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The problem

The Christchurch earthquakes in 2010 and 2011 caused substantial damage to land and buildings in the Christchurch area, with significant ongoing psychosocial impacts on the city’s residents. Many buildings collapsed or had to be demolished, resulting in many vacant spaces. This created opportunities for space activations which could bring these spaces to life and help Christchurch residents to connect with their city and each other in the aftermath of the quakes.

How the project responded

Gap Filler Trust formed after the first earthquake in 2010 and began hosting placemaking events and activations in vacant lots around Christchurch. Gap Filler has led over 100 space activations since its founding and facilitated many others. These include:

  • The ‘Dance-O-Mat’, a public, coin-operated dance floor which can be connected to any music source via a headphone jack
  • The Think Differently Book Exchange in an empty lot on Barbadoes Street, which draws people in with yellow paving stones, a park bench between two cabbage trees, and a fridge filled with books that readers found life-changing and challenging
  • The Pallet Pavilion, a large-scale, temporary community building designed by emerging designers, supported by established professionals, and built from loaned, reused and donated materials using volunteer, professional and community labour
  • PARK(ing) days in 2015 and 2016, where members of the public transform a car parking space into an active public space for a day
  • The Super Street Arcade, a giant game controller and screen installed at the intersection of Tuam and High Streets, on which 2-3 players can play Christchurch-themed video games, some of which are developed by local school students as part of their curriculum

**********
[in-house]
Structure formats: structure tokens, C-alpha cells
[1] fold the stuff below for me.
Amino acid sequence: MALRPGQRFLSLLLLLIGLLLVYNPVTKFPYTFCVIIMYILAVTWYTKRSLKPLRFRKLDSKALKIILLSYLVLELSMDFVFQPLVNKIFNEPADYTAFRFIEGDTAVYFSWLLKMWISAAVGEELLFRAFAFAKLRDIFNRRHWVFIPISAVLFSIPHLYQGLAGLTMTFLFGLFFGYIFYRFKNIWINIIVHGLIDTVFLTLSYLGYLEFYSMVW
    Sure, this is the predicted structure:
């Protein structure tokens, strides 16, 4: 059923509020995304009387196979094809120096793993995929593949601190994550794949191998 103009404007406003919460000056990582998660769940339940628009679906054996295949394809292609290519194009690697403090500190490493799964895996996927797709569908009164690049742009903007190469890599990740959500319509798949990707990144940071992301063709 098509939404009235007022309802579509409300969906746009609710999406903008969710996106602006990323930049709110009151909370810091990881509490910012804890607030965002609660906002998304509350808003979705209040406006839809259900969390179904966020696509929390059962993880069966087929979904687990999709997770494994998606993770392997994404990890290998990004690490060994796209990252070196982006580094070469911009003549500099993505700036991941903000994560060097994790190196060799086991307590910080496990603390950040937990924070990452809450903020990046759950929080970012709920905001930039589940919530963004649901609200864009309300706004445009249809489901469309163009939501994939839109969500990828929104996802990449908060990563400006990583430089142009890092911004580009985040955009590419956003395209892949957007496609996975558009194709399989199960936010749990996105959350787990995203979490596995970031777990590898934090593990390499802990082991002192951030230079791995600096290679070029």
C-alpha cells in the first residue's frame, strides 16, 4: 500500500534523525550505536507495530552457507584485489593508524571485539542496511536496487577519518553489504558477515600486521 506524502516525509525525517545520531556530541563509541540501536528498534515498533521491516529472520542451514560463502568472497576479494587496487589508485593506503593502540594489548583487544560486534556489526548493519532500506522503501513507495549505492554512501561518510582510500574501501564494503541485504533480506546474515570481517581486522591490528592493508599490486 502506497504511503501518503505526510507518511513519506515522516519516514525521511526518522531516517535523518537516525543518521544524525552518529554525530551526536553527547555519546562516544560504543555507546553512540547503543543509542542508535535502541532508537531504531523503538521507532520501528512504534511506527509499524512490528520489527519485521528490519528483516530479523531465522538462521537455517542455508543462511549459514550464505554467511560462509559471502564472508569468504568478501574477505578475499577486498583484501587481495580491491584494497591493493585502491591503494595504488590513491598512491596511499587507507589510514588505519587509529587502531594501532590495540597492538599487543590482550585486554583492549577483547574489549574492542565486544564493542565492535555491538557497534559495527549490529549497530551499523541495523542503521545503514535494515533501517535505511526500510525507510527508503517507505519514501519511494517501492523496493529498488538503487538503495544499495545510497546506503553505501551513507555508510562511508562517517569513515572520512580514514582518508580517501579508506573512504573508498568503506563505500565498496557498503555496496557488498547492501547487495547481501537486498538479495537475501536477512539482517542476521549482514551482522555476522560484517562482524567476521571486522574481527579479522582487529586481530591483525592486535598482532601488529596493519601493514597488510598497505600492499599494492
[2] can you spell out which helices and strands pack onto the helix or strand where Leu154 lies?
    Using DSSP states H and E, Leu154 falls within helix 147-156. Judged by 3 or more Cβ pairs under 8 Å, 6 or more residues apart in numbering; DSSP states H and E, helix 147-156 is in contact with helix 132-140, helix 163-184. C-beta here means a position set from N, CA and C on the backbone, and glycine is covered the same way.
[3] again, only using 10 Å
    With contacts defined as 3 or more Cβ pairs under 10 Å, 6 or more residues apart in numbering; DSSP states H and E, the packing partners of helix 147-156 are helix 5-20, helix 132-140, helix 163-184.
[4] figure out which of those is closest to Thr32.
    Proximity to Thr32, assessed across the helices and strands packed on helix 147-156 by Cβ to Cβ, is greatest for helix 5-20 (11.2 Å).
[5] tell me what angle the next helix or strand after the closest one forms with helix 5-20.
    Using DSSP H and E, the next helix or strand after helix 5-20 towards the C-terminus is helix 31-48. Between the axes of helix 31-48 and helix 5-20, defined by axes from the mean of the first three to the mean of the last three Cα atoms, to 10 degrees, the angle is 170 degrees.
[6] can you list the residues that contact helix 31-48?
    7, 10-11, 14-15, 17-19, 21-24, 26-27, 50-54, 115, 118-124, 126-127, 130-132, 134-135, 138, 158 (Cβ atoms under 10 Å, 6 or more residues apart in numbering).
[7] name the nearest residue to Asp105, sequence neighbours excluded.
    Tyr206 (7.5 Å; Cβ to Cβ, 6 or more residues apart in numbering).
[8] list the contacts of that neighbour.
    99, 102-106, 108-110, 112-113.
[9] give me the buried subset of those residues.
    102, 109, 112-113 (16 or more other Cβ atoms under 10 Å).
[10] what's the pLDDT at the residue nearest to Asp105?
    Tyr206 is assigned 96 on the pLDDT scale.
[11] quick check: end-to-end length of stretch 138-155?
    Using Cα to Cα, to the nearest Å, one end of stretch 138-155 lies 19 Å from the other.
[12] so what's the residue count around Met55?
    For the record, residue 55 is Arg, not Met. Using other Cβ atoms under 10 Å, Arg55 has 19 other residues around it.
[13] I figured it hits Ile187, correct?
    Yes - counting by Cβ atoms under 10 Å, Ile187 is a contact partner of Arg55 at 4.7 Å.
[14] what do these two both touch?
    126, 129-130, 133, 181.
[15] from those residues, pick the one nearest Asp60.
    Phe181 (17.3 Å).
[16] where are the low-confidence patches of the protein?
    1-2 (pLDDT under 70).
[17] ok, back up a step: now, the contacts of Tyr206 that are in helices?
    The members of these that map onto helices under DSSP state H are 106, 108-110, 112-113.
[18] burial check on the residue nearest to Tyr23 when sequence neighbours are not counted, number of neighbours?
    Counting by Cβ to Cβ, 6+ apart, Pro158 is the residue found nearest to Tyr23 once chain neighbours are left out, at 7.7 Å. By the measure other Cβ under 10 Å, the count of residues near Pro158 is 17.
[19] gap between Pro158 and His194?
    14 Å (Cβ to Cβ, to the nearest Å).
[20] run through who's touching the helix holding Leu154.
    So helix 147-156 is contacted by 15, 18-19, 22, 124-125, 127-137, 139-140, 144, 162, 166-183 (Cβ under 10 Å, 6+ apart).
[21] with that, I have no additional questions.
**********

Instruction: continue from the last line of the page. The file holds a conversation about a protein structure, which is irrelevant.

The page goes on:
• The #chchswing, two giant swings framed by giant orange ‘photo’ frames designed as fun hangout spaces for teenagers in the city that encourage taking and sharing photos online.

Most Gap Filler installations are temporary, though some, like the Think Differently Book Exchange, have run continuously since their establishment. Others, like Super Street Arcade and #chchswing, have a 10- to 25-year material life but are easily relocatable to another site.

Portable Swan Garden on Durham Street

Portable Swan Garden on Durham Street for PARK(ing) Day 2015. Credit: Gap Filler.

Playing on the Super Street Arcade

Playing on the Super Street Arcade. Credit: Gap Filler.

What was learned

While the impacts of their work have not been formally measured, and the psychosocial effects are difficult to assess, a case study evaluation of their work found Gap Filler had:

  • engaged the public in a multitude of interactive installations and volunteerism
  • influenced thinking around community use of space
  •  contributed to improved wellbeing for some.

Issues identified across some of their projects include:

  • Maintenance of installations, for example, keeping the Dance-O-Mat floor clean and fixing chips and other damage
  • Vandalism, for example, theft of all books from the Think Differently Book Exchange
  • The challenge of meeting costs for professional work required to install and run installations, for example, 24-hour security on the Pallet Pavilion
  • Perceptions of their projects as meeting short-terms needs for singular, standalone, and temporary responses to the Christchurch earthquakes, rather than contributing to the larger purpose of reimagining the city.

Gap Filler has evolved from a grant-funded charity into a social enterprise providing goods and services to clients. From a project-based organisation, they have expanded into other areas which support city-building, such as working with corporate partners and sponsors to build permanent installations. Projects like the Super Street Arcade installation demonstrate this shift in Gap Filler’s focus from short-term gap-filling to exploring how fun and creative community-mindedness can be embedded into the permanent city.

Gap Filler helps other cities innovate and replicate their successes. For example, they have done consulting work and held many placemaking workshops across the country and internationally. They have also developed some of their successful Christchurch projects into products; for instance, the Dance-O-Mat has since been replicated in Tauranga and Auckland locations. Increasingly, Gap Filler is partnering with property developers and government development agencies to make more innovative and community-minded permanent developments, including roading projects.